The Bank of England plans to complete the replacement of the 23-year-old core system it uses to settle payments between banks, with a big bang migration before 2025.
The Real Time Gross Settlement (RTGS) system, as it is known, settles payments made on payment systems including the Clearing House Automated Payments System (CHAPS) and Bankers’ Automated Clearing Services (BACs). It has been in use since 1996 and is essential in ensuring money flows in the economy, and on an average day, it settles £600bn worth of transactions.
This month, the bank published a contract notice in the Official Journal of the European Union inviting potential providers to express their interest. A Technology Delivery Partner will be announced in May 2020, and the contract is currently for a maximum cost of £150m and includes technology and support.
Whichever supplier wins the contract is taking on a project of national importance and will support a carefully planned project over six years that will culminate in a massive migration between systems.
Victoria Cleland, executive director of banking, payments and innovation at the Bank of England, told Computer Weekly: “I expect a big bank cut-over because what you have with RTGS is the core ledger supporting payment transactions worth hundreds of billions of pounds a day, and we can’t have some member on it while others are not.”
She said, after talks with the Bank of England’s internal IT department, it looks likely it will keep the existing system up and running alongside the new one for a period as a fall back. “So if there was any problem, we know we could recover back to that.”
Part of the challenge is ensuring all organisations that link in to the RTGS are also prepared for the cut-over. “It is not just the Bank of England that needs to be ready – we also need to know the whole industry is ready,” said Cleland.
The Bank of England’s goals
The Bank of England’s goals include utilising modern IT, increasing the number of companies that connect directly to the system and making it available 24 hours a day.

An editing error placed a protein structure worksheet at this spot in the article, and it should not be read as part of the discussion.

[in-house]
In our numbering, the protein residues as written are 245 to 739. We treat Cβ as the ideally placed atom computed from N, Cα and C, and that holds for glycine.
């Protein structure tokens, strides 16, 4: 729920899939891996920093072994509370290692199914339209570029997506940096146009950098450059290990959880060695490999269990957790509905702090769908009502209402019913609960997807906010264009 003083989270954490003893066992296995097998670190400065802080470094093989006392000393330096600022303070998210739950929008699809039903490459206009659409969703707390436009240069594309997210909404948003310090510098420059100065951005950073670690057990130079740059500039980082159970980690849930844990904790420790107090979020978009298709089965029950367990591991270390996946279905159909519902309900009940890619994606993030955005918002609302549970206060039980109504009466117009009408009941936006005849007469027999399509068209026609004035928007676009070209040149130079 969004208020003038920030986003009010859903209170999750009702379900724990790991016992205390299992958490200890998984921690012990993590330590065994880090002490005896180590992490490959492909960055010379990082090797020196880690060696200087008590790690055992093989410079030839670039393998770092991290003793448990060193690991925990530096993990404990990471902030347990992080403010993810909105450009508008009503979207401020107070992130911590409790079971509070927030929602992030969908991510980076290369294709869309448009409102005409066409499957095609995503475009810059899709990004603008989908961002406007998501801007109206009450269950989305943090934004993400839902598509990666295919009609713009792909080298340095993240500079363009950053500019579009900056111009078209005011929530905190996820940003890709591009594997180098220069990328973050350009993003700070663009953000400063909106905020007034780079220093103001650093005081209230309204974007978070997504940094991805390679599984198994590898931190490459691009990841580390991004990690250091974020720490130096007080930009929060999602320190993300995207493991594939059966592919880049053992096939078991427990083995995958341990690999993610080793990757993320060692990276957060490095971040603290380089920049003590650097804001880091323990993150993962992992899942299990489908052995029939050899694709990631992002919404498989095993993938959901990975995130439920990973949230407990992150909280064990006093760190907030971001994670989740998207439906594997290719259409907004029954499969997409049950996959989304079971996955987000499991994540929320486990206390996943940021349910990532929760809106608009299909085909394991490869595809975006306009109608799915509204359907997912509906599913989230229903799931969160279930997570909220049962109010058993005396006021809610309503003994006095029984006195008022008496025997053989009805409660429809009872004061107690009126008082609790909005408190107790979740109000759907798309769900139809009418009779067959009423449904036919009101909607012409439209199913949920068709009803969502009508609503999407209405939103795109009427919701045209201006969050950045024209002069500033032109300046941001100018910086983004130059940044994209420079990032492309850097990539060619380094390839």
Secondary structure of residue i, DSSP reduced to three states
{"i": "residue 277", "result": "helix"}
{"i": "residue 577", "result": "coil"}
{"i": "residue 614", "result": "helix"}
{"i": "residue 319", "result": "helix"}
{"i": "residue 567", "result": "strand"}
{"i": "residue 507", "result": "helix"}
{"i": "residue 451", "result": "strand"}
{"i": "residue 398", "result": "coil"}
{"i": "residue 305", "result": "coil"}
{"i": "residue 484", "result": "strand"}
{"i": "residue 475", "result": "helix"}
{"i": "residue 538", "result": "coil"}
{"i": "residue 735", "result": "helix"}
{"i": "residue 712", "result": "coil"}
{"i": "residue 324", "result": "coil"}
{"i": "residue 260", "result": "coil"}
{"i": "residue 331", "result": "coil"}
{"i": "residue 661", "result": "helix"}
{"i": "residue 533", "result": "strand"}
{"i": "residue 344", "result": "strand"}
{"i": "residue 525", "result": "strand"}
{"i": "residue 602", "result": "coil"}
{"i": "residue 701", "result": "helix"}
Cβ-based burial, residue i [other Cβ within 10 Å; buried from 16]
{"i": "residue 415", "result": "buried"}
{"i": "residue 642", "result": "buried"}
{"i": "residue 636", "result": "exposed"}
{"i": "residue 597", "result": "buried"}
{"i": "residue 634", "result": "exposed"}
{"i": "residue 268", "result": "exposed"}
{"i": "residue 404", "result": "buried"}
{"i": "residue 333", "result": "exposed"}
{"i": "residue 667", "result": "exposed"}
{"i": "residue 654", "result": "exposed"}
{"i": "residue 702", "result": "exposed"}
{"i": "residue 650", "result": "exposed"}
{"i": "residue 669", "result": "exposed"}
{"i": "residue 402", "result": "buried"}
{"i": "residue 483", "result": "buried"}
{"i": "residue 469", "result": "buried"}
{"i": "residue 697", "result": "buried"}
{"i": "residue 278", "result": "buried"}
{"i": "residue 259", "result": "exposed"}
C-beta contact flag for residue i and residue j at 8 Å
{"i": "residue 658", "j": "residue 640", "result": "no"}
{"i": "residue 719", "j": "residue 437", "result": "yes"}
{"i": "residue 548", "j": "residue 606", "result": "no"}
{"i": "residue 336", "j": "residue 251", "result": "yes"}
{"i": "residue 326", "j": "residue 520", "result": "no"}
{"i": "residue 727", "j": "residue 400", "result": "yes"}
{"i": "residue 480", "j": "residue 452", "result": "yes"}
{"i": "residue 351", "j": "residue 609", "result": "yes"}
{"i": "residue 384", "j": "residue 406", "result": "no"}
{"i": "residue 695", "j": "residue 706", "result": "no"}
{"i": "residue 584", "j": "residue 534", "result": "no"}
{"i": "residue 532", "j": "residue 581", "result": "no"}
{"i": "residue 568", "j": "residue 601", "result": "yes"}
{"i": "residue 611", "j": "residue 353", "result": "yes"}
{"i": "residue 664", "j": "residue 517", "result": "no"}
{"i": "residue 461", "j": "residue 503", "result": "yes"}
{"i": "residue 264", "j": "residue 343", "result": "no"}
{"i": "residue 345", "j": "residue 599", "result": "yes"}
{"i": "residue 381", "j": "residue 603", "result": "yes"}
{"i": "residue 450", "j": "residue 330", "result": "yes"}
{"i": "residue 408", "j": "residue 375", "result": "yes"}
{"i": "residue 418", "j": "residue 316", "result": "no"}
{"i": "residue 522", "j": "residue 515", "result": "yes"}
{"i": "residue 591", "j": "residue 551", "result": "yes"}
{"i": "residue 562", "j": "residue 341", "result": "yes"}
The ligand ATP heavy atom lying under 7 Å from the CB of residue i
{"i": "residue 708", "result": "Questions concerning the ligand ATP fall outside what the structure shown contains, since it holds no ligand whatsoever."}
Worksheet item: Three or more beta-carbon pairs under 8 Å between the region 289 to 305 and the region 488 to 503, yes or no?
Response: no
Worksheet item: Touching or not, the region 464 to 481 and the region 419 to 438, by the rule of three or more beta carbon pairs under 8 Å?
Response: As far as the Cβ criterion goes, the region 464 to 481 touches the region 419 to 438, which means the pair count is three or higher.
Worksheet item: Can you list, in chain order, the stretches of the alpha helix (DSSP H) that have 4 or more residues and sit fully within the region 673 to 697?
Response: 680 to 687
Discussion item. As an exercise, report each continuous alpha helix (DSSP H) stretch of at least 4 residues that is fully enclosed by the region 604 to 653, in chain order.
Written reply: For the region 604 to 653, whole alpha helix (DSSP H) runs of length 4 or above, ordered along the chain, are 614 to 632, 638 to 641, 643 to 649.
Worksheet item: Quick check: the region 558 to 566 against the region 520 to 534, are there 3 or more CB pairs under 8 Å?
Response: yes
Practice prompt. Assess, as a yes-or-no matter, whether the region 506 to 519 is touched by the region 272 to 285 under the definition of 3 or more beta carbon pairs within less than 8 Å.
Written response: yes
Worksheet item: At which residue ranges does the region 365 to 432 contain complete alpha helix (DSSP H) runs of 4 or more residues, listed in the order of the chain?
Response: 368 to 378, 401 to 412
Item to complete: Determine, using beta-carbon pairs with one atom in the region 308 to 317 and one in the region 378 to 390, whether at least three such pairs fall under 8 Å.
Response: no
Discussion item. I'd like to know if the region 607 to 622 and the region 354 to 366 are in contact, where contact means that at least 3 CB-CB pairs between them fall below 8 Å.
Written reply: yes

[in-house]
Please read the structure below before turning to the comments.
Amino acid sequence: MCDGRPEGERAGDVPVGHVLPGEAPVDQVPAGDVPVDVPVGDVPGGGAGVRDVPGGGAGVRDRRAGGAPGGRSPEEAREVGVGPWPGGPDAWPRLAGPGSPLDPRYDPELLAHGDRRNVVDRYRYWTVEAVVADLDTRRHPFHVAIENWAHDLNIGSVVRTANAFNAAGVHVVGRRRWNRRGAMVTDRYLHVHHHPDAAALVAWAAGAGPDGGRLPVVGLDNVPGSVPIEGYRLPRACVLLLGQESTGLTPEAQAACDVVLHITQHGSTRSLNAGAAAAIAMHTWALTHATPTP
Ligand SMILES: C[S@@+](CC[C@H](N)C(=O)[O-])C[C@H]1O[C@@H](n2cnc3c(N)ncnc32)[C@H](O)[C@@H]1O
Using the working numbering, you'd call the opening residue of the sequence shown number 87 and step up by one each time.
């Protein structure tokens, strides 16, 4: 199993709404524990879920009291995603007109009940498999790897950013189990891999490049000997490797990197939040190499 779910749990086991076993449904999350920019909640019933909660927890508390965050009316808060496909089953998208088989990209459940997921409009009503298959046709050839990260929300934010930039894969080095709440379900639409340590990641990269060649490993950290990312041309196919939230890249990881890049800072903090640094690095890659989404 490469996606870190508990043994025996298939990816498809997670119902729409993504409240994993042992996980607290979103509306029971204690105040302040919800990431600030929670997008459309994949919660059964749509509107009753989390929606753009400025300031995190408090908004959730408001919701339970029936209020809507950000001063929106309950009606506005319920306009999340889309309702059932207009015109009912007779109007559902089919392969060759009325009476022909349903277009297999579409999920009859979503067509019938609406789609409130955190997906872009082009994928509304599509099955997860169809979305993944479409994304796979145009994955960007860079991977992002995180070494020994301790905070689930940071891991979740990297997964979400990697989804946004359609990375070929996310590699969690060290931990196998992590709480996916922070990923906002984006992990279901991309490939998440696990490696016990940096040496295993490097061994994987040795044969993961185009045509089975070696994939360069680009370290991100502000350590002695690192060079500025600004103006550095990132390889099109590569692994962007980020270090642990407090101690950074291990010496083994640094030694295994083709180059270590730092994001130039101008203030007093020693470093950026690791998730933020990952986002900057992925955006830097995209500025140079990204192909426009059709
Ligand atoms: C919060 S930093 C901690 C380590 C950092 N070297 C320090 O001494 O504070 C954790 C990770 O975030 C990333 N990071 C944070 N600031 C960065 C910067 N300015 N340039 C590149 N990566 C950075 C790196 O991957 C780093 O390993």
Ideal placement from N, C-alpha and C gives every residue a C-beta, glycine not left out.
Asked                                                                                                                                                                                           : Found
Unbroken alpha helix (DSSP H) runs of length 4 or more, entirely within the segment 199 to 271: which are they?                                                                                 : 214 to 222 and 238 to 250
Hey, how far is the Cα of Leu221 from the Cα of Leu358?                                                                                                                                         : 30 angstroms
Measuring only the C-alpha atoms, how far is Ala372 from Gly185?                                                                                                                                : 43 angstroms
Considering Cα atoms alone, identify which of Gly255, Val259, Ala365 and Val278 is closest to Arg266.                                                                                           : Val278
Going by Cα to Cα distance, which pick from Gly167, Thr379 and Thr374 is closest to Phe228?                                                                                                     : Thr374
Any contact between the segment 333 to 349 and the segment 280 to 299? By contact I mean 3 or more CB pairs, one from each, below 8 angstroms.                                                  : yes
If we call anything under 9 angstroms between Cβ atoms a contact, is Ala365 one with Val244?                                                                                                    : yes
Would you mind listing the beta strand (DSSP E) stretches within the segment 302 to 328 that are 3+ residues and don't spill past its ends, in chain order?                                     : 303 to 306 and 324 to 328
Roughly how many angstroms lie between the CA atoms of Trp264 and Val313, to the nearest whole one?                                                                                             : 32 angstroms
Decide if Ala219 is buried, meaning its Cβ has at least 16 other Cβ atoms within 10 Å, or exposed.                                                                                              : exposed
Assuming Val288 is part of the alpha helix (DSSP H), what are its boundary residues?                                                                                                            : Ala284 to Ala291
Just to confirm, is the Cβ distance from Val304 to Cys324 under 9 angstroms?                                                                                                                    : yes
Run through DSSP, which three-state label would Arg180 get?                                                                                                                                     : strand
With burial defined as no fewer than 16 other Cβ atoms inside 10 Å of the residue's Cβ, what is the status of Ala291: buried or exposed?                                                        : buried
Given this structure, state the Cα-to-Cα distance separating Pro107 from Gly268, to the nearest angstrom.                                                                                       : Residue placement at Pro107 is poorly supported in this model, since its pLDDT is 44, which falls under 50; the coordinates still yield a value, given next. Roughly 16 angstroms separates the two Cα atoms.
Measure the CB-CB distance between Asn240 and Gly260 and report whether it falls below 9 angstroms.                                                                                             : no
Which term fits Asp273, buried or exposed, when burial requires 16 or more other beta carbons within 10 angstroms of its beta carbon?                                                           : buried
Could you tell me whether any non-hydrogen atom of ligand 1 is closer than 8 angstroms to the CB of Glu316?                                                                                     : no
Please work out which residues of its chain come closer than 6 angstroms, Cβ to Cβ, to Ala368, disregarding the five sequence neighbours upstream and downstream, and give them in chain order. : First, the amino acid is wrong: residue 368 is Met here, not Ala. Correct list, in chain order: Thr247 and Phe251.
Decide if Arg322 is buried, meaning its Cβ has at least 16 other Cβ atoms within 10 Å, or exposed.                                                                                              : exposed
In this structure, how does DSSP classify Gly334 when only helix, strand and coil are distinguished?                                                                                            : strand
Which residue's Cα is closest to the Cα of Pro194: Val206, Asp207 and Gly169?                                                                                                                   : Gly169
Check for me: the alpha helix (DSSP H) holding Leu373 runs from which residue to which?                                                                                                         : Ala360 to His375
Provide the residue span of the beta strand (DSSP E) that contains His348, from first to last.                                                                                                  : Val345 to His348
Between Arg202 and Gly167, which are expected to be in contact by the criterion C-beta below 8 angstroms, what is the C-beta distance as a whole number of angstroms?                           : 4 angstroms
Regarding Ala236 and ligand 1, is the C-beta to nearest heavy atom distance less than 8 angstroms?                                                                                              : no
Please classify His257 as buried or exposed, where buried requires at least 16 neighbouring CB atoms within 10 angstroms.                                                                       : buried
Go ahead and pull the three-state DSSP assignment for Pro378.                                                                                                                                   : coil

While, like most major IT systems, there have constantly been small upgrades to the system over the years, the pace of change in the industry around it meant a major upgrade was required.
“I think it gets to the point where if you were to make fundamental changes, such as making it available 24/7 and increasing capacity, we think it is better to start from scratch,” said Cleland.
This has also meant timelines have changed. Back in 2016, the Bank of England set 2020 as the date to replace RTGS, but it is now expected to be finalised in 2025.
“When the programme started, it was looking at a timeline, but we have done a lot of work with the industry to establish what they want and how best to deliver that,” she said. “We are now looking at 2025 for completion with a number of transition states as we head to that.”
“It is fair to say what we want to achieve is a bit more ambitious now, and we are doing some exciting stuff around innovation and looking at ways of bringing in participants,” said Cleland.
The research part of the project established five broad goals set: higher resilience, broader access, wider interoperability, improved user functionality and strengthened end-to-end risk management.
Emea Content Editor, Computer Weekly